Otto Saumarez Smith provides an upbeat account of radical renewal and its democratic potential that contrasts deliberately with the dystopian litany of failed dreams that has so often characterised retrospective assessments of architectural modernism. More than this, though, a principal aim and achievement of the book is to reconnect city planning with politics in a manner overlooked in previous histories. The business of planning for renewal is reconnected not just with local authorities and central government ministries, though these inevitably loom large, but also with the major political parties. Boom Cities shows that the governing Conservative party was quite as much in favour of radical renewal as Labour in the early 1960s; renewal was not a socialist project or an offshoot of Wilsonian technocracy but a genuinely national endeavour. We encounter local councillors of all stripes in places like Blackburn and Liverpool as well as national figures such as the Conservative Minister of Transport, Ernest Marples, and Richard Crossman, Labour MP for Coventry East and a future minister of education and housing. Moreover, the politics of the architect-planners themselves is discussed in detail: from the Liberal mandarin worldview of Lionel Brett (Viscount Esher), to the political leftism of Graeme Shankland and others. Saumarez Smith’s portrait of Shankland is notably sympathetic, revealing the crudity of Raphael Samuel’s description of him as ‘the butcher of Liverpool’.2 What comes through is the particular combination of modernism and preservationism that infused the political aesthetic of figures like Shankland as of other planners from the period, among them Konrad Smigielski at Leicester.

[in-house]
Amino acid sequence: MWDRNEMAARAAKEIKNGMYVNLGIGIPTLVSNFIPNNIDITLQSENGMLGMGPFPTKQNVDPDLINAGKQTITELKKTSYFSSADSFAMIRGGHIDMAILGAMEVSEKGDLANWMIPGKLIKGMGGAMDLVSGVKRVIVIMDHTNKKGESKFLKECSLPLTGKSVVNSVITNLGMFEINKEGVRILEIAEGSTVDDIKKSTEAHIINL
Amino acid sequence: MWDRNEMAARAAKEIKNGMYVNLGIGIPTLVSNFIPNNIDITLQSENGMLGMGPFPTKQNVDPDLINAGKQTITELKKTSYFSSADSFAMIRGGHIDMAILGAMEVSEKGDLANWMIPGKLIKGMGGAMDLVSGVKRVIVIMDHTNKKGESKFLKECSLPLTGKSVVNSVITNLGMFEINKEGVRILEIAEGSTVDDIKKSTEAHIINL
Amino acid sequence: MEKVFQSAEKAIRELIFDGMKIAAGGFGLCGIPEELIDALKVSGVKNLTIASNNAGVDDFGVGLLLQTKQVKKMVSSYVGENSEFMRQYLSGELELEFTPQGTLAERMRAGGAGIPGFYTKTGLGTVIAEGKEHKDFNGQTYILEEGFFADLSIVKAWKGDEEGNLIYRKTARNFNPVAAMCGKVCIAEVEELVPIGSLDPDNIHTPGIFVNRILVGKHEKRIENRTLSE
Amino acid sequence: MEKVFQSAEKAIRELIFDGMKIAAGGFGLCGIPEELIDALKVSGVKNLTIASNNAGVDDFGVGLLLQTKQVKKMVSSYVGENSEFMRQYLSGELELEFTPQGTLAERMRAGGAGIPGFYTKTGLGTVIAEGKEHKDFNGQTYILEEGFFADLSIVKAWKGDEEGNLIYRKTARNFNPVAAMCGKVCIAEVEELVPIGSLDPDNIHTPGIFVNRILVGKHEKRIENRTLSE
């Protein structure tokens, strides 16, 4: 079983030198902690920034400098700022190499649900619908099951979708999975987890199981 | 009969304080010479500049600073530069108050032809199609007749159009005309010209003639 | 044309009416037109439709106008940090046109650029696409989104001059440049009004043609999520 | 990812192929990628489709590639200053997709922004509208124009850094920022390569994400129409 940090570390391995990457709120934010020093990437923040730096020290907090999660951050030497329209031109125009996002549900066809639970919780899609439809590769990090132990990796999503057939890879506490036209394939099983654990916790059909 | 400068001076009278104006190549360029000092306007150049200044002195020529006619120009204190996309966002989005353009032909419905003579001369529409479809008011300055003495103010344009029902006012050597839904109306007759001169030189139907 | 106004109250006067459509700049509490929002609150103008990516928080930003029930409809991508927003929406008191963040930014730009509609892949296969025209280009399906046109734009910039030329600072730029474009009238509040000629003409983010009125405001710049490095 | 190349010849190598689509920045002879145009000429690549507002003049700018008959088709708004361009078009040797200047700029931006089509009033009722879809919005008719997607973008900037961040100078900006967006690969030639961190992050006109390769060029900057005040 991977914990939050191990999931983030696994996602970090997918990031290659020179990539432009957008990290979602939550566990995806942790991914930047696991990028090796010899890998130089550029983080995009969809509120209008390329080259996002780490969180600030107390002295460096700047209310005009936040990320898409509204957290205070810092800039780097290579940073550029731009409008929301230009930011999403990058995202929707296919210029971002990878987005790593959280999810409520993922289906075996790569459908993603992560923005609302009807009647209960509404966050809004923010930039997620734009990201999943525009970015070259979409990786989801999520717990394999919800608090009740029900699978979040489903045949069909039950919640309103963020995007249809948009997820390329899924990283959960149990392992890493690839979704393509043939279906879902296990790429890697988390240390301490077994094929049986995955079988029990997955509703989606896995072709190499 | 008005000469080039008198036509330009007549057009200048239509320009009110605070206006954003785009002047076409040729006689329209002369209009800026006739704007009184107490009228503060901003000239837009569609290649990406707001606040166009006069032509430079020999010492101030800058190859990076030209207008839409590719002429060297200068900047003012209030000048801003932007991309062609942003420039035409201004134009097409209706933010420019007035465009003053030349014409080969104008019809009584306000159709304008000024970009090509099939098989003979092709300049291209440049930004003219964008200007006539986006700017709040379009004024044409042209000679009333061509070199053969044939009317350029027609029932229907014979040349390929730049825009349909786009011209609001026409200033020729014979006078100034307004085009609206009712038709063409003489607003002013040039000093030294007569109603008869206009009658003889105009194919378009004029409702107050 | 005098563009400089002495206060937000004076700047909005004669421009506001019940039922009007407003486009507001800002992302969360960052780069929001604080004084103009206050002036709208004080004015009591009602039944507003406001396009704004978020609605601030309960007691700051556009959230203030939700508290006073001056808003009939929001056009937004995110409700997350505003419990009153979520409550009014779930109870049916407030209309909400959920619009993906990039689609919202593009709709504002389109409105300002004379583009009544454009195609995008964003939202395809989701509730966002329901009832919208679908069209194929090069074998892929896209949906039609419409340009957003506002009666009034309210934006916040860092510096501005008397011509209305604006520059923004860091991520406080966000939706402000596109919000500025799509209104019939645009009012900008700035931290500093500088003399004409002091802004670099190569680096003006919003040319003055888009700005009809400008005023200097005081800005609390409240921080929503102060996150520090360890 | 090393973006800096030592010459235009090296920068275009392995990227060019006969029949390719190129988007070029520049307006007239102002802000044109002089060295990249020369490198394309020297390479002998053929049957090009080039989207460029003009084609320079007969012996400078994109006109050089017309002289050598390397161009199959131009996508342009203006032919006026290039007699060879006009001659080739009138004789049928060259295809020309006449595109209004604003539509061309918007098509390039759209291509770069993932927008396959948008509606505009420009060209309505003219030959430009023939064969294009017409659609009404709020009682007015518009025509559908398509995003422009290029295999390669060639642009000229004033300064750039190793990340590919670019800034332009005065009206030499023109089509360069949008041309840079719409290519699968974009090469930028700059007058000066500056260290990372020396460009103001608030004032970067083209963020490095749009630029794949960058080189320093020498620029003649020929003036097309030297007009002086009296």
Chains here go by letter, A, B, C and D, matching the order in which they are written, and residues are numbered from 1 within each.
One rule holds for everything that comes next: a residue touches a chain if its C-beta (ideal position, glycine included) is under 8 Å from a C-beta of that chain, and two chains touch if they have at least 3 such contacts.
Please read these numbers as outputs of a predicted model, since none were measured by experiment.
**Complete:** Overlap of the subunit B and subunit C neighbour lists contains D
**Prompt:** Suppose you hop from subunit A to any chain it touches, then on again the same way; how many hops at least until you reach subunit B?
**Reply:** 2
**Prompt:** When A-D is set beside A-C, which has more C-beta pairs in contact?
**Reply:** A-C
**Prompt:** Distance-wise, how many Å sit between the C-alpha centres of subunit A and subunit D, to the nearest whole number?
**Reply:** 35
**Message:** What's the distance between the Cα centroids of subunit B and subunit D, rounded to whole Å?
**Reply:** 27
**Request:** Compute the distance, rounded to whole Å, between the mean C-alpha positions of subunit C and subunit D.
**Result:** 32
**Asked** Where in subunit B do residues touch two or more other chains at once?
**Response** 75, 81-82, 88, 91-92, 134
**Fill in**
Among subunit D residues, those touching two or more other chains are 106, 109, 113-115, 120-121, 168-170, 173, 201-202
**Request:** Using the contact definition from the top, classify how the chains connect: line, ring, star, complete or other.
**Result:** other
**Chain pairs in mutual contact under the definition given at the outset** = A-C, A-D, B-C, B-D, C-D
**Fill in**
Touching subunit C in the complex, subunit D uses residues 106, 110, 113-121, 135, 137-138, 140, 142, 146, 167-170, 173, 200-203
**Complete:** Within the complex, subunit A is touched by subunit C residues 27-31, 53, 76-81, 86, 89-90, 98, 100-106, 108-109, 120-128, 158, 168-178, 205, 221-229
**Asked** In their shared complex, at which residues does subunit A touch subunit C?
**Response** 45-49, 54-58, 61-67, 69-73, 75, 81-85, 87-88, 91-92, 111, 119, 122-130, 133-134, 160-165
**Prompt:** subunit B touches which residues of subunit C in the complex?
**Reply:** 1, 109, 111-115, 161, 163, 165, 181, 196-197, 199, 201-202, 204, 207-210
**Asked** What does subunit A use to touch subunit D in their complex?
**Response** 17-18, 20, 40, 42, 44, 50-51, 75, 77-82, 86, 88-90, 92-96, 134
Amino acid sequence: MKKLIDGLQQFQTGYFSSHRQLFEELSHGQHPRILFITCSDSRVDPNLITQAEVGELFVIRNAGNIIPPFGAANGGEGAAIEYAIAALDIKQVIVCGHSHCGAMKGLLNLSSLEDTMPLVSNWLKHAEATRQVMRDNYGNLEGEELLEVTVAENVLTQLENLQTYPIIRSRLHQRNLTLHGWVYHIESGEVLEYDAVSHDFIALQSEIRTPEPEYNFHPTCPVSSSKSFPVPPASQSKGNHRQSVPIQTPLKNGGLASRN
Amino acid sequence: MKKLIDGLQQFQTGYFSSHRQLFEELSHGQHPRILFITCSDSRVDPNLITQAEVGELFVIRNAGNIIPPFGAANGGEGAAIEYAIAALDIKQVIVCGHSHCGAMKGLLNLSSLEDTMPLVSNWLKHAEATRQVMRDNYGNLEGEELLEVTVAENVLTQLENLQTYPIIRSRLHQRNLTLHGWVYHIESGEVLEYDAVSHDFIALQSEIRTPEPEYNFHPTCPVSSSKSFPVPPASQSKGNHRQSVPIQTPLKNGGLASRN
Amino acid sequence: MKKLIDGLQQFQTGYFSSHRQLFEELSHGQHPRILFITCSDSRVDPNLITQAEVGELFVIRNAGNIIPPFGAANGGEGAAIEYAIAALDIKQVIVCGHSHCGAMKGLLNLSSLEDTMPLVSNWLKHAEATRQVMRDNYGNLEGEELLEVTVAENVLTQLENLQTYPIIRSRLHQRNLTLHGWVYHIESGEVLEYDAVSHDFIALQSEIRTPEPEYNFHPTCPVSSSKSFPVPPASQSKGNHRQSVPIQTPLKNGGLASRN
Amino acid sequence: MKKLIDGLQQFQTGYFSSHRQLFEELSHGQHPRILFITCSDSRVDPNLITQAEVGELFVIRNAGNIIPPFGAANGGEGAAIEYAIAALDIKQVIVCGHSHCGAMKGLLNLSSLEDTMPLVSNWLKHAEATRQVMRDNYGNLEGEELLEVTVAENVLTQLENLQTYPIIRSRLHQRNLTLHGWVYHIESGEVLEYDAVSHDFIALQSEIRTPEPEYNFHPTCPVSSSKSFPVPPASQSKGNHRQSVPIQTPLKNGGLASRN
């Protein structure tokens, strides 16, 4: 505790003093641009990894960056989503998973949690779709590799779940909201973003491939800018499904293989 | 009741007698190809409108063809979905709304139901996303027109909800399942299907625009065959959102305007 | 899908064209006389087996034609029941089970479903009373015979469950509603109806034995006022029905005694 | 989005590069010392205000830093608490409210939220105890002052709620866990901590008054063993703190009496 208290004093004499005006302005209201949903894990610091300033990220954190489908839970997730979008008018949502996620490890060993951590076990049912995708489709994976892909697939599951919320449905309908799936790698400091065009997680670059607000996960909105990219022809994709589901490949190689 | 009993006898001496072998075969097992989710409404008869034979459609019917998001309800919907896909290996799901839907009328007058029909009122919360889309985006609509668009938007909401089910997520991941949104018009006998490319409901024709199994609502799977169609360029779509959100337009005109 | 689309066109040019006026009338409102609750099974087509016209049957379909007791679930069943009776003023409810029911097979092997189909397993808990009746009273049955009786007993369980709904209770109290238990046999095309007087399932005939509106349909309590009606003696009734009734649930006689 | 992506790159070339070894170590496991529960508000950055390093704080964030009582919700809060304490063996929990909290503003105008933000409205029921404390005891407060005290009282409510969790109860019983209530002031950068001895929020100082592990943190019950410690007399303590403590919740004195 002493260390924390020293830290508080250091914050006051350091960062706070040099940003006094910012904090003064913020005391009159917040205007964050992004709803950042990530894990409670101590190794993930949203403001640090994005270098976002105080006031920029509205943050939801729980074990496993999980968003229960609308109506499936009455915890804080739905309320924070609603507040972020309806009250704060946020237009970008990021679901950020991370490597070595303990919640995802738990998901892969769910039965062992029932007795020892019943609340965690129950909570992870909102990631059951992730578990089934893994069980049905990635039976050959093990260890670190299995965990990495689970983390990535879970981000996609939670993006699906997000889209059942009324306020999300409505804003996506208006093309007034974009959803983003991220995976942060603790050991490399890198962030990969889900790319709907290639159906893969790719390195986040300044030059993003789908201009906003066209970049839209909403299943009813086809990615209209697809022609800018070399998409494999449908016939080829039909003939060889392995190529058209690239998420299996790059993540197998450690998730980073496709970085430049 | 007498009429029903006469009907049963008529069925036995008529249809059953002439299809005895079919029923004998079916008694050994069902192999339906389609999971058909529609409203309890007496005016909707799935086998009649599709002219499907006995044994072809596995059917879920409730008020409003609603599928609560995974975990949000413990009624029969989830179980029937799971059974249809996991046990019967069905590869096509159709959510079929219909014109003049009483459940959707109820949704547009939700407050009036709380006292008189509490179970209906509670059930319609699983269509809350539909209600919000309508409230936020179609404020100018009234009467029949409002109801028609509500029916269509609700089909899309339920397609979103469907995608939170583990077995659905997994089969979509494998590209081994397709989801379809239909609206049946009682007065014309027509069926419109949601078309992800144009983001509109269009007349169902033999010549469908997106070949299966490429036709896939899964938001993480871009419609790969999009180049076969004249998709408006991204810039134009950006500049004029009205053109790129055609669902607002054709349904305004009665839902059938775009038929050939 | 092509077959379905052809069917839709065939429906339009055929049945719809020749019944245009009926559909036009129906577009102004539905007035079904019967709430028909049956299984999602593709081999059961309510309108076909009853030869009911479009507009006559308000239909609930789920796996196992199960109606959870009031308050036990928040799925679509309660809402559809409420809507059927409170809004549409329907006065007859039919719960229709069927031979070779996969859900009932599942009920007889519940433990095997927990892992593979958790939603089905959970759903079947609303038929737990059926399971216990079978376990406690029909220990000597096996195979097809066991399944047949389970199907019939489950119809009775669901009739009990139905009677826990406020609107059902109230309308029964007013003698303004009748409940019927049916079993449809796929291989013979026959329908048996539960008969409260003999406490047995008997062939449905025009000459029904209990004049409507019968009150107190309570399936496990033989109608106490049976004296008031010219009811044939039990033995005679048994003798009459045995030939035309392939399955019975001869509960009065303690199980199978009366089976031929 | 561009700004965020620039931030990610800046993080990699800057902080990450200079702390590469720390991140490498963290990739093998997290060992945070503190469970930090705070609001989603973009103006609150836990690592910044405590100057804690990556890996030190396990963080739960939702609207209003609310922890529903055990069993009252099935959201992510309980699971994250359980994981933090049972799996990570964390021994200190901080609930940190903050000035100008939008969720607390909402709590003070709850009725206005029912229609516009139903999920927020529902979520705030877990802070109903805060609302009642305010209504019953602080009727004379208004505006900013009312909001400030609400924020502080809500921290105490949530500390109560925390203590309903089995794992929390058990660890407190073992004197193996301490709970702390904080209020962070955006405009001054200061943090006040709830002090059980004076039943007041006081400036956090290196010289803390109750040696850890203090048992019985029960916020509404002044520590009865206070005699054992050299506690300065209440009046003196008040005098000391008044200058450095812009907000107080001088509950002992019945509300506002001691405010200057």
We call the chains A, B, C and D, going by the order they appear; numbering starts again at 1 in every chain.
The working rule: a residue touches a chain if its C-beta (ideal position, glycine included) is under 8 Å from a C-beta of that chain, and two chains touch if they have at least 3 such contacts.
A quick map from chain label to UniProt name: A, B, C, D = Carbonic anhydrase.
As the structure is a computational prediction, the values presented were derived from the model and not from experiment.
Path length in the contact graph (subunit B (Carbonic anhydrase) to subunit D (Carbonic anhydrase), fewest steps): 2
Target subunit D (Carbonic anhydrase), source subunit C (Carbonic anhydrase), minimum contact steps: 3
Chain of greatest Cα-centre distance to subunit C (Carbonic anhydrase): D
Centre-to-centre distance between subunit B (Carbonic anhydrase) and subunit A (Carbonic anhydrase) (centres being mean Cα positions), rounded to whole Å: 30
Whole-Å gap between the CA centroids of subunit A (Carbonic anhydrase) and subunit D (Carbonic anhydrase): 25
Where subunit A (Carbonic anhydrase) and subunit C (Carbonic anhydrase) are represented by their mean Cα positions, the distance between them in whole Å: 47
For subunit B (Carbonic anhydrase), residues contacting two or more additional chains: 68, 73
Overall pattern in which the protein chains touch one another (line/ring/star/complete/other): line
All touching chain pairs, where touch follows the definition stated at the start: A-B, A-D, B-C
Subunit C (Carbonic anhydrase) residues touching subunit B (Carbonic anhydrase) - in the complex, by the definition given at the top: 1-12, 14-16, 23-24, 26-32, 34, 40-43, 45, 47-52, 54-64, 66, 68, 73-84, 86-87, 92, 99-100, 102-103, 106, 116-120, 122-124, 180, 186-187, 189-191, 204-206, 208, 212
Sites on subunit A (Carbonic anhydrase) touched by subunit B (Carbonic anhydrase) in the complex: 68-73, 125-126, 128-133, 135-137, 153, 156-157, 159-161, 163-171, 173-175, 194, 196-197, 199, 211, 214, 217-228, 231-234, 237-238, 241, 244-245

A second feature of the book is its geographical range. Despite its title, Boom Cities shifts our attention away from London, the big cities like Birmingham (Liverpool excepted) and new towns like Harlow and Milton Keynes, to what used to be referred to as ‘provincial England’. There is limited consideration of urban Scotland, Wales and Northern Ireland but in other respects the scope of the study is notably wide. It encompasses numerous medium-sized towns—Blackburn, Bolton, Hatfield, Leicester, Portsmouth and Salisbury, for example. Where a new town is discussed it is Shankland’s plan for Hook in Hampshire, not better-known examples such as Stevenage, Washington or Milton Keynes. When London is brought into view it is not the central London of Fitzrovia or Oxford Street that absorbed planners like Colin Buchanan, but suburban Wood Green, where the last gigantic shopping centre envisioned in the 1960s finally opened in 1981. In eschewing the high metropolitan view, Saumarez Smith captures the democratic impulse of the ‘architect-planners’ themselves. Partly as a result, too, the book gives an impression of the scope of radical renewal in the early 1960s, when it was estimated that some 400 urban schemes were underway nationwide, and of their multifaceted nature, leaving virtually no aspect of the urban environment untouched.